"It's the most extreme housing misery you can imagine - you know, people living in damp, miserable accommodation with a lack of light; children moving multiple times."
It was addressing the "misery" of historically impoverished east London that was central to the Olympic bid, Dr Bernstock said.
"We have built mainly market housing in an area of acute housing need. This is particularly problematic, given that addressing deprivation, including housing deprivation, was a key dimension of London's bid."
The concept of affordable housing on the former Olympic Park was always "slippery" in any case, according to Dr Bernstock.
"We're building too many intermediate units and not enough social rented units. And so the people that are going to benefit are not going to be the average people living in the area, they're going to be wealthier people from outside."
Dr Bernstock, who is from east London, said the former Olympic Park now has parallels with Canary Wharf, a financial and residential district in the historically deprived borough of Tower Hamlets.
"You've got this wealth in the middle and you've got the poverty around, and that poverty scenario has not changed," she said.
However, Dr Bernstock added that she believed there had been some recent improvements in terms of affordable housing provision on the park.
The LLDC said all such homes on the Queen Elizabeth Olympic Park had so far gone to local people.
By 2035, a total of 5,426 homes are scheduled to have been built on the former Olympic Park, according to the LLDC, rather than the 9,000 originally proposed.
The residential ambitions were altered 2014, when plans were made for the East Bank quarter. This will see branches of the V&A museum, Sadler's Wells theatre, the BBC and the London College of Fashion arrive in Stratford in the coming years. The LLDC said it believed this would be of more long-term benefit to the area than additional homes.
However, according to Dr Bernstock, this approach "compromised" any affordable housing plans.
Instead of the 2,600 homes originally planned for one site on the park, 600 homes will be built, and the Stratford Waterfront development will consist only of shared-ownership flats.
"This is 0% affordable housing," said Dr Bernstock. A formal legal agreement on such housing as part of the legacy of the 2012 Olympics should have been made before the Games, she added.
When all the housing schemes on the park have been completed, 40% will be classed as affordable, including a mixture of tenures, the LLDC said.
The planning authority, set up by Boris Johnson when he was London's mayor to develop the area post-Olympics, has overseen the construction of about 11,500 new homes since 2012, including those in the park itself. Despite 2012 City Hall guidance that 40% of legacy homes should be affordable, the LLDC said only 24% of them were, with 12% being categorised as low-cost.
The legacy scheme to deliver the most social housing so far is the East Village in Stratford.
Triathlon Homes manages 675 social homes on the site, which originally housed Olympic athletes and was later converted into flats. A further 48 social homes are under construction there.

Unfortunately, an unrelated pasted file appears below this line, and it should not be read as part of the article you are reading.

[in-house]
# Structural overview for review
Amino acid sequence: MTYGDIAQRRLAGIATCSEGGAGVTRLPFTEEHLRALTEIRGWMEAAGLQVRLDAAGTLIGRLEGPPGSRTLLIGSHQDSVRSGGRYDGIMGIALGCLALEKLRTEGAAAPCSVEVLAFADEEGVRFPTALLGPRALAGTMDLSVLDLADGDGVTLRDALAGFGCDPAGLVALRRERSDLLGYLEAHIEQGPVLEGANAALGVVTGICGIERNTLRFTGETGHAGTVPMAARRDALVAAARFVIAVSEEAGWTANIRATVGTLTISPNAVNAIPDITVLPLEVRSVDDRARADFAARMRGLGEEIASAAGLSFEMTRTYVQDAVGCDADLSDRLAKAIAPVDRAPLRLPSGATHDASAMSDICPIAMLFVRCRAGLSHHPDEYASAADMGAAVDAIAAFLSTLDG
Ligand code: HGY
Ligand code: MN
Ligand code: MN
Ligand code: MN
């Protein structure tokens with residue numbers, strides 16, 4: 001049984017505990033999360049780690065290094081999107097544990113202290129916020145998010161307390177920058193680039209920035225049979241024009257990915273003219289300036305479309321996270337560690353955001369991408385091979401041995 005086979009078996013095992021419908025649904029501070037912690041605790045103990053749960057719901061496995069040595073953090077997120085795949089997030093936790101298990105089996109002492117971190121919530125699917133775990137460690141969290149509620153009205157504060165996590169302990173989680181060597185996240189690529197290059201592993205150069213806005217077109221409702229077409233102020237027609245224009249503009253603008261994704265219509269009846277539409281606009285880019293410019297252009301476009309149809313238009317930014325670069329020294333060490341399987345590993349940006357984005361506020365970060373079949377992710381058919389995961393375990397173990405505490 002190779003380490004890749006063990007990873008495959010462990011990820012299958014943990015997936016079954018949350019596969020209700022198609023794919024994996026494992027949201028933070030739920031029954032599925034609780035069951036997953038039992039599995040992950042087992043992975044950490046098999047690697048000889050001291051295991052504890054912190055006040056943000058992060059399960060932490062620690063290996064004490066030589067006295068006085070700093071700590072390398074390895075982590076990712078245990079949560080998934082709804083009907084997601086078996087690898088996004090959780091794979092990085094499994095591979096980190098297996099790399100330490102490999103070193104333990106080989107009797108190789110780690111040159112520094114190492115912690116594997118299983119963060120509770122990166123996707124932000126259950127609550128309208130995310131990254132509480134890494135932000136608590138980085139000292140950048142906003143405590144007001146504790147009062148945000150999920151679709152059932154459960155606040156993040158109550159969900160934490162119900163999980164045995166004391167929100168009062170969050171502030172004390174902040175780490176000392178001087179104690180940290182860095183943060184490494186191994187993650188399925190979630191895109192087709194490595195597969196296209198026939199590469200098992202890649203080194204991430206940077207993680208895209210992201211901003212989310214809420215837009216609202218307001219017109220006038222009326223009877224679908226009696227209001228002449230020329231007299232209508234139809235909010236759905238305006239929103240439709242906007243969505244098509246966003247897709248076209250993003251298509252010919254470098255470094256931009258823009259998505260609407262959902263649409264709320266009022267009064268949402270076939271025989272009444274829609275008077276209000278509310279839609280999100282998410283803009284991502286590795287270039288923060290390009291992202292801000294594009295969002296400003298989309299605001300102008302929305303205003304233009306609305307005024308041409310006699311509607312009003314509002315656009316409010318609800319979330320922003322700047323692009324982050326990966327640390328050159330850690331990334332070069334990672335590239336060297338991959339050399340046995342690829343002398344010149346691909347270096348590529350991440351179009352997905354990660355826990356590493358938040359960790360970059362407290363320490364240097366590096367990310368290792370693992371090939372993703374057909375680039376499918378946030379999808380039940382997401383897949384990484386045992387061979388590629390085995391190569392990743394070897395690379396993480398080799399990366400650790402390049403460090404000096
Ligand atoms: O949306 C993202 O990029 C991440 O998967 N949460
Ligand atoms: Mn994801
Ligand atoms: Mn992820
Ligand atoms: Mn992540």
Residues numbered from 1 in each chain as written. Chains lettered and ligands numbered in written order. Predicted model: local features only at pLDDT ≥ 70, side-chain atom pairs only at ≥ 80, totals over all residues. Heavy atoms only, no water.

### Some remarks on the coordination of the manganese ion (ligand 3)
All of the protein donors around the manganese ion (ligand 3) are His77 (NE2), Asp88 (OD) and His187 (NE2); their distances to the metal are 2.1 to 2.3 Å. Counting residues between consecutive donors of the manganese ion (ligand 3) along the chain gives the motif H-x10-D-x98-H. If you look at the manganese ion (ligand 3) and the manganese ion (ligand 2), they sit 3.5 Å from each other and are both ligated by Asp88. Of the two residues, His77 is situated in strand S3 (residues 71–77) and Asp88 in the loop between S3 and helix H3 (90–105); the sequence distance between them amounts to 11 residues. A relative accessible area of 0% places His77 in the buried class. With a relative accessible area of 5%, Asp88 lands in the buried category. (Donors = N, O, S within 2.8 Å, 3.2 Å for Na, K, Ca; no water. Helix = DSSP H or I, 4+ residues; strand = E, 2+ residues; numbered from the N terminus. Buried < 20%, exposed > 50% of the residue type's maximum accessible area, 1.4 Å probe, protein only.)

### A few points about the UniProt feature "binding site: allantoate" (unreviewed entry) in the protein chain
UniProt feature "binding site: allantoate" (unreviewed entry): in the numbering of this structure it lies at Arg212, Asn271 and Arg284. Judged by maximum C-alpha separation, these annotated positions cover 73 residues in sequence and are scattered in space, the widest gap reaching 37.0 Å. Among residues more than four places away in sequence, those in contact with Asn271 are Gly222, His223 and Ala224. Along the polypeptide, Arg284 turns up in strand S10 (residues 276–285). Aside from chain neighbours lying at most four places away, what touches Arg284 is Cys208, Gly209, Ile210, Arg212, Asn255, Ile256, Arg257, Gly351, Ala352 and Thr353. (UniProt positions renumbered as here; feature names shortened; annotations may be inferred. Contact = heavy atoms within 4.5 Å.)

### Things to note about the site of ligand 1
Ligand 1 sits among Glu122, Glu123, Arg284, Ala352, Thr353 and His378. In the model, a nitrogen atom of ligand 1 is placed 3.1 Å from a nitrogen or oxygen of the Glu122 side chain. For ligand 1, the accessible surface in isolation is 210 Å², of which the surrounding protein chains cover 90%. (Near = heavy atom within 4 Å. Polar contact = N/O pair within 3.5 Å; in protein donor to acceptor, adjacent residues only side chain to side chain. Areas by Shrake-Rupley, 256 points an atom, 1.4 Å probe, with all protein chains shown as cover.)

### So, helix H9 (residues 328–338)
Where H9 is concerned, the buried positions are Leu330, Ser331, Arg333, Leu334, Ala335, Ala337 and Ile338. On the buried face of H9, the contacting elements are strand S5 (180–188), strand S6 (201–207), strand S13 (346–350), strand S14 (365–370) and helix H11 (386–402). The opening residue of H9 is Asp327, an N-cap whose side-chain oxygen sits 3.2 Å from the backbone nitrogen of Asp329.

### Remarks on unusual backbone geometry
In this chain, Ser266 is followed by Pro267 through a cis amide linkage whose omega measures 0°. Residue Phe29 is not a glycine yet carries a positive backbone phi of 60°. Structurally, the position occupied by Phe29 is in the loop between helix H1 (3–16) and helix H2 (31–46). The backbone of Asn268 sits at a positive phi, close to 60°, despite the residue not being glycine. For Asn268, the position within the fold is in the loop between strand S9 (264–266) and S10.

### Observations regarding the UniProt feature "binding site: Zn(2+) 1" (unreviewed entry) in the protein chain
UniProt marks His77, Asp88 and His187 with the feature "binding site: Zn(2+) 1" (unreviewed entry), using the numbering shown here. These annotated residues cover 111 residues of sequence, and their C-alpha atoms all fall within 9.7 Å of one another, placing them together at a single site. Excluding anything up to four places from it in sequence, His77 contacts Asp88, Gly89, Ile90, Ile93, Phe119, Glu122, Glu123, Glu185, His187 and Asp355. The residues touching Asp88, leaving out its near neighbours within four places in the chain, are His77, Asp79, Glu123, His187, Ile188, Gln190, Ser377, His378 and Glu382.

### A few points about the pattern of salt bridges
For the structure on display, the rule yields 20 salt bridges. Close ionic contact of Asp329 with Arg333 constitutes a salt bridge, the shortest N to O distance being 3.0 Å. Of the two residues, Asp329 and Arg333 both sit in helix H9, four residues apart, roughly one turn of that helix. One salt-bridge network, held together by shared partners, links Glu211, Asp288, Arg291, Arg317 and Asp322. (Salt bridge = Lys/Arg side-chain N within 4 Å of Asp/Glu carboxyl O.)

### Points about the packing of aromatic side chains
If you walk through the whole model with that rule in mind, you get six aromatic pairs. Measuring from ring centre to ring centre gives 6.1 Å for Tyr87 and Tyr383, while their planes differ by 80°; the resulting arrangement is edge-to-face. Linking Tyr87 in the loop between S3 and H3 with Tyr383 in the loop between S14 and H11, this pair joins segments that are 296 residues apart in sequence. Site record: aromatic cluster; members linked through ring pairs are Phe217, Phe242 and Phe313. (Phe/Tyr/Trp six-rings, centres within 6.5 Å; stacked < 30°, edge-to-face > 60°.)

While this is welcomed, it should however be balanced against the previous loss of low-cost housing in the area, according to Dr Piero Corcillo, an urban regeneration expert at Birkbeck University, who completed a PhD on social mixing at East Village.
"We also need to consider that in order to build the Olympic Park, a social housing estate, the Clays Lane Estate, was demolished and that provided 425 housing units," he said.
Of the 3,800 homes on the site, the majority are offered at market-rate rent by property company Get Living, which says it "looks to respond to the acute need for new homes in central London".
Two-bedroom flats in the East Village can be rented out for upwards of £2,300 a month.
Built with public money, the site was to have been 50% affordable housing, according to plans drawn up several years before the Games.
"This hasn't been delivered," said Dr Corcillo, who added that "there's no mechanism to bring decision-makers to account".
The development is not socially inclusive, he said, and is instead "definitely geared towards the middle classes, and the better-off fraction of the working class".
When the East Village development is complete, 30% of the homes will be affordable, according to Get Living, which says it has fulfilled its affordable housing obligations.
Elsewhere, large developments have sprung up in parts of Stratford such as Chobham Farm, as well as in Hackney Wick, Fish Island and Bromley-by-Bow.
Mr Sharman, who was until recently a Hackney councillor, said he believed his area had been transformed into a "middle-class barracks".
Many of the new homes are attracting affluent couples from outside the area, he said, adding: "When they start having more than one child, almost certainly they will move out.
"I think what comes hardest is that we put so much money into the Olympics, made it a great Games, a fantastically inclusive Games; the legacy of that money has been simply to benefit this narrow band of people. And it didn't have to be that way."
Mr Sharman believes what has happened is a "microcosm" of a wider housing problem in the capital: "The London housing market is not catering for Londoners."
The LLDC has to cope with a "fatally flawed" model, as it inherited the debt for hosting the Games, he believes. It has, Mr Sharman says, an "impossible job".
"They were charged with developing the area, and maximising the land value of it, in order to repay the loans and the subsidies," he said.
"So they had two things that are in contradiction, and you can't be both gamekeeper and poacher.
"And that is the fundamental problem."